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The trial of NFTA bus driver Elizabeth Taylor Oliver, accused of assaulting a Niagara Frontier Transportation Authority police officer at a downtown transit station in 2003, began Monday with a challenge to the constitutionality of the jury, which is composed of mostly noncity residents.

However, Buffalo City Judge Patrick M. Carney refused to further delay the trial, despite complaints from attorney David G. Jay, who is defending Oliver.

Oliver, 33, is charged with harassment, resisting arrest, obstruction of governmental administration and disorderly conduct for allegedly fighting with officers at the Utica Street Metro Rail Station at about 3:20 p.m on Oct. 6, 2003.

Jay pointed to the failure of an appellate court to clarify the jury representation issue for Western New York communities. Carney said too many witnesses had been scheduled this week for a further delay.

The trial will resume Wednesday. The jurors were told the trial could run until at least Friday.

Oliver, 33, a Metro Bus driver since 1997, is currently assigned to light duty at the NFTA's communications center on Oak Street. She is accused of attacking NFTA Police Officer Michelle Pettys.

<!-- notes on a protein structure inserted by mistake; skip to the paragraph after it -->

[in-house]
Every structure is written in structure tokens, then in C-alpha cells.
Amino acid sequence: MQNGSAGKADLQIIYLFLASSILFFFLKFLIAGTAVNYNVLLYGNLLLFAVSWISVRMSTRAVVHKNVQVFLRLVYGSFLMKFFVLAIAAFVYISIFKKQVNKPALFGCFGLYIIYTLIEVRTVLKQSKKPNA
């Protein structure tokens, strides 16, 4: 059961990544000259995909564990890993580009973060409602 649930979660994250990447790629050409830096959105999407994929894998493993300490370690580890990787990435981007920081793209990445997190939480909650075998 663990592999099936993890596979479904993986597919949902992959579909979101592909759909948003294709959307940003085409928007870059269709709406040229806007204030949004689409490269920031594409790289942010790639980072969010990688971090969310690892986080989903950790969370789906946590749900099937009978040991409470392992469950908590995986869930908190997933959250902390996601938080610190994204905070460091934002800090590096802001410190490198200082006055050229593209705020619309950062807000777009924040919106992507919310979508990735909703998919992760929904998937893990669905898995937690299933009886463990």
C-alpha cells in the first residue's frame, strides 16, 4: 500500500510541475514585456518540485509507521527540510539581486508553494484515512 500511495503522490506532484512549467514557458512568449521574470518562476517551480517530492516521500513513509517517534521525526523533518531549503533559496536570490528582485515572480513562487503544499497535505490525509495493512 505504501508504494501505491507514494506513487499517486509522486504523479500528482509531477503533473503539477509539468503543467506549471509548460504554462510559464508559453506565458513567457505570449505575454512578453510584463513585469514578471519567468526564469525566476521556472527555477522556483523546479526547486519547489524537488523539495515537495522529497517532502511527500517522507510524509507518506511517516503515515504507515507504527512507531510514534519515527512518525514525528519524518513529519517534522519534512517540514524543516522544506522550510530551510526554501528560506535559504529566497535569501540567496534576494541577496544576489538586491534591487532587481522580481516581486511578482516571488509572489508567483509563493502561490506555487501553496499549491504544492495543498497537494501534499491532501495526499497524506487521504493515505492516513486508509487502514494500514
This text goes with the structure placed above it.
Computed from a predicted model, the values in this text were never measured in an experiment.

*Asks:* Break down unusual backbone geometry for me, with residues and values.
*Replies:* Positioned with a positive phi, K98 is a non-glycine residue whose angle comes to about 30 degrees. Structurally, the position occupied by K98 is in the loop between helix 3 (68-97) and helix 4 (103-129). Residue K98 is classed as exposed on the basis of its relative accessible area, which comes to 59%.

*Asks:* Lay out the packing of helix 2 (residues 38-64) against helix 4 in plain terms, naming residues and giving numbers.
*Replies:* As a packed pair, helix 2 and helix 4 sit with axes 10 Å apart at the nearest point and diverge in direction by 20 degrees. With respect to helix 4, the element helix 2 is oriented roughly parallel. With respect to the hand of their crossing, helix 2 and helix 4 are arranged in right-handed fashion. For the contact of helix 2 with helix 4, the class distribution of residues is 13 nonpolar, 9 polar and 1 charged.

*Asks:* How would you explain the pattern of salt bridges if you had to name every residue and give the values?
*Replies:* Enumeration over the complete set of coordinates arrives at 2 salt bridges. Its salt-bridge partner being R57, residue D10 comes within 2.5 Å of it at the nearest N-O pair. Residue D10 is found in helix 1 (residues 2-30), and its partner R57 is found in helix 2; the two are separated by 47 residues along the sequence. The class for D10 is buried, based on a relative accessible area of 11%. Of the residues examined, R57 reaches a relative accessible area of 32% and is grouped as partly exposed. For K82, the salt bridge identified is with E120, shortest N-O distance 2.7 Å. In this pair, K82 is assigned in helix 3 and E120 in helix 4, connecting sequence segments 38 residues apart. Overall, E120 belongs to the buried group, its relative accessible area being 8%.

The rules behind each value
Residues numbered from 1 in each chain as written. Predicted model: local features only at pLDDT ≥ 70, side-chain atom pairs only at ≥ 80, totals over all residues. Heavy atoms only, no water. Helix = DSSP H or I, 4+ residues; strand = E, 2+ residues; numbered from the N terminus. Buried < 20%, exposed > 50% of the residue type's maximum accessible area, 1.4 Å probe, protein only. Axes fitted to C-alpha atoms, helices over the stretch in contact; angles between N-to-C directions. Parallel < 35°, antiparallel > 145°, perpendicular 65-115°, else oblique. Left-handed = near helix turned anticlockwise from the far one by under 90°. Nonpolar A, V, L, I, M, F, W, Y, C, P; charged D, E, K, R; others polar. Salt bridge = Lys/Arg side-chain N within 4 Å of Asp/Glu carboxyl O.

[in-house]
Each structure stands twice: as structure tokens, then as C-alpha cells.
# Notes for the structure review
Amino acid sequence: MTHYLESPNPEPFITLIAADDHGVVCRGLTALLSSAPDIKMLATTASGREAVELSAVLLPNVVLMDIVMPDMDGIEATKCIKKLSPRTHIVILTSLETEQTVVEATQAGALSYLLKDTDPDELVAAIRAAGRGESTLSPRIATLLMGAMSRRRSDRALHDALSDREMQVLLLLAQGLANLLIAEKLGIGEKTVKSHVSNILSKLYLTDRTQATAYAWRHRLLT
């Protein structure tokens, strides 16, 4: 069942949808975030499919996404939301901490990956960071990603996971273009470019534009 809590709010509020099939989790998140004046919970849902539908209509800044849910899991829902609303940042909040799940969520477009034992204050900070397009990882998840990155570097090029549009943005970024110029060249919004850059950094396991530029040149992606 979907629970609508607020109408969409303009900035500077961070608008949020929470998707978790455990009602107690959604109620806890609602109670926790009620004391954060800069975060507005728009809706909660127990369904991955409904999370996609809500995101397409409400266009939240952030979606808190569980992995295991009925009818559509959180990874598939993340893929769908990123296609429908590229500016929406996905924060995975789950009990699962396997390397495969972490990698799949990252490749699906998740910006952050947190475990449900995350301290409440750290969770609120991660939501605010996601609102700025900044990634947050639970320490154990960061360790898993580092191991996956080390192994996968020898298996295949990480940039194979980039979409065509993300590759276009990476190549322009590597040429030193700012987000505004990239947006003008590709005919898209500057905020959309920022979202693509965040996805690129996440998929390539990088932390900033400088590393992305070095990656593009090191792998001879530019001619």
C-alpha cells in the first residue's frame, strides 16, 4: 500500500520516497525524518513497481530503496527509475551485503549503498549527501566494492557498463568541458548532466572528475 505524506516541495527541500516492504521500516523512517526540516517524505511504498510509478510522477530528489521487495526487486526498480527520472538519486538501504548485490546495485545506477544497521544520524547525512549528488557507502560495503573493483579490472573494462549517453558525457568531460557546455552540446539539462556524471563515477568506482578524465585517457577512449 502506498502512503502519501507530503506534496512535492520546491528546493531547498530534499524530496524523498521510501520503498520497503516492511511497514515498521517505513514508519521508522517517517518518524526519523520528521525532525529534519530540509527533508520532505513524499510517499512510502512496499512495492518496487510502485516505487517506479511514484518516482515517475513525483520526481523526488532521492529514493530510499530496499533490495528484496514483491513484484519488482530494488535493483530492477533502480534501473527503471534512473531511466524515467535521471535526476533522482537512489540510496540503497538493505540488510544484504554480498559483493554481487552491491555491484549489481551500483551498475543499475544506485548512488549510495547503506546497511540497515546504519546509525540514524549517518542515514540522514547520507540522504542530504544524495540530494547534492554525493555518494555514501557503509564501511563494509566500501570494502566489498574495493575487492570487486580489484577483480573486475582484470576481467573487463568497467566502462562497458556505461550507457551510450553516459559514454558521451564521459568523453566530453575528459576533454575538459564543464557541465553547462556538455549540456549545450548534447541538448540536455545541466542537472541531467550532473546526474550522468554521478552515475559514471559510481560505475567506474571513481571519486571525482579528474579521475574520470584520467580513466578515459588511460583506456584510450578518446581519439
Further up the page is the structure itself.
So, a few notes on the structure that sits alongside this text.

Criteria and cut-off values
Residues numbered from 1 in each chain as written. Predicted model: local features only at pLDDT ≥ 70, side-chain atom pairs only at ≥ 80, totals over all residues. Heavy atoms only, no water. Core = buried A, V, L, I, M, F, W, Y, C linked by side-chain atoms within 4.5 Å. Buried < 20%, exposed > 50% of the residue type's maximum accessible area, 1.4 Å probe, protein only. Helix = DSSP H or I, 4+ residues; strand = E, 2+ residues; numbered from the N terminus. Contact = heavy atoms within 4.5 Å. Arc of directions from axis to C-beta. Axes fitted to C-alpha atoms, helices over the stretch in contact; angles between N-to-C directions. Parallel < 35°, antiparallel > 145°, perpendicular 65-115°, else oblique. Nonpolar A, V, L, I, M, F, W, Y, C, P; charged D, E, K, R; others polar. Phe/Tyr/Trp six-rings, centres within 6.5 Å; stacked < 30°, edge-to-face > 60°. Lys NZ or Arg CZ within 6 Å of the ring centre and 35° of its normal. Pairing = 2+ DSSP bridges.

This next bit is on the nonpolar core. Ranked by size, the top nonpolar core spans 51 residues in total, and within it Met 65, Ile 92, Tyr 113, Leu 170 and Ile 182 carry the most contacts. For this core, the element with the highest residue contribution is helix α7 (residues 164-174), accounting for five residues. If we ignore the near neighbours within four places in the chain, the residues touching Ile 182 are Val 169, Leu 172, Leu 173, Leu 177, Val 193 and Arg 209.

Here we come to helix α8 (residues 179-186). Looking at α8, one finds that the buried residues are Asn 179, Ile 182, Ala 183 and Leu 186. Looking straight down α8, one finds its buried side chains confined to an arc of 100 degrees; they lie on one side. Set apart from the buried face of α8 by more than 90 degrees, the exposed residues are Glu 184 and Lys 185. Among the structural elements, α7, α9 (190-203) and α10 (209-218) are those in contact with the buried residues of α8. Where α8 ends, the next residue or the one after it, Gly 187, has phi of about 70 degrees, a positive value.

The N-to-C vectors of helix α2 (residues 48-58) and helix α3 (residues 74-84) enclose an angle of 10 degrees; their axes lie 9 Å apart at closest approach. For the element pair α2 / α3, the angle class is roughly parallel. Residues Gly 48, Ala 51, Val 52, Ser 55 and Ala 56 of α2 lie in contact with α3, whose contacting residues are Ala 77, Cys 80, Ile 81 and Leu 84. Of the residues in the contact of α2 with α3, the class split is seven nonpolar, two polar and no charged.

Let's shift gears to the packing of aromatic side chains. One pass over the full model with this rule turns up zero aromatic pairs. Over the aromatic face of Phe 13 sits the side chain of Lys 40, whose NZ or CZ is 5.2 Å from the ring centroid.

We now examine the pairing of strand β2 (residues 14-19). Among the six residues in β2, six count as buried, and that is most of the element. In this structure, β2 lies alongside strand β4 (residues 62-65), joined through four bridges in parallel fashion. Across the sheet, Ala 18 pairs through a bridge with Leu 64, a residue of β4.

Pettys and NFTA Police Officer David Krzemien testified Monday that Oliver left her bus running as officers carried a 15-year-old girl, a student at DaVinci High School, from the Metro Rail station after she refused to show them her school bus pass or leave.

The girl, who was not prosecuted, was among three students who refused to leave the station. She became combative and began kicking an officer when threatened with arrest for trespassing, Pettys said.

Pettys and Krzemien said Oliver ran over to the officers outside the station. Pettys said Oliver was yelling to the crowd about "the little" white cop "beating" the girl and urging onlookers to write down what they saw for an eventual lawsuit.

Oliver refused to return to her bus when asked to and kept "inciting the crowd" while officers dealt with the girl, who was taken to NFTA headquarters, Pettys testified.

Krzemien told the jury that Oliver pulled his police badge off his shirt as she scuffled with other officers who took her into custody.

Defense attorney Jay questioned the credibility of the two officers. He contended someone else wrote an arrest report that Krzemien signed.

During opening statements, Jay vowed to call witnesses who would prove that Oliver merely "wanted to stop" what she saw as the "arrogance" of "overbearing" and "out of control" NFTA police officers.


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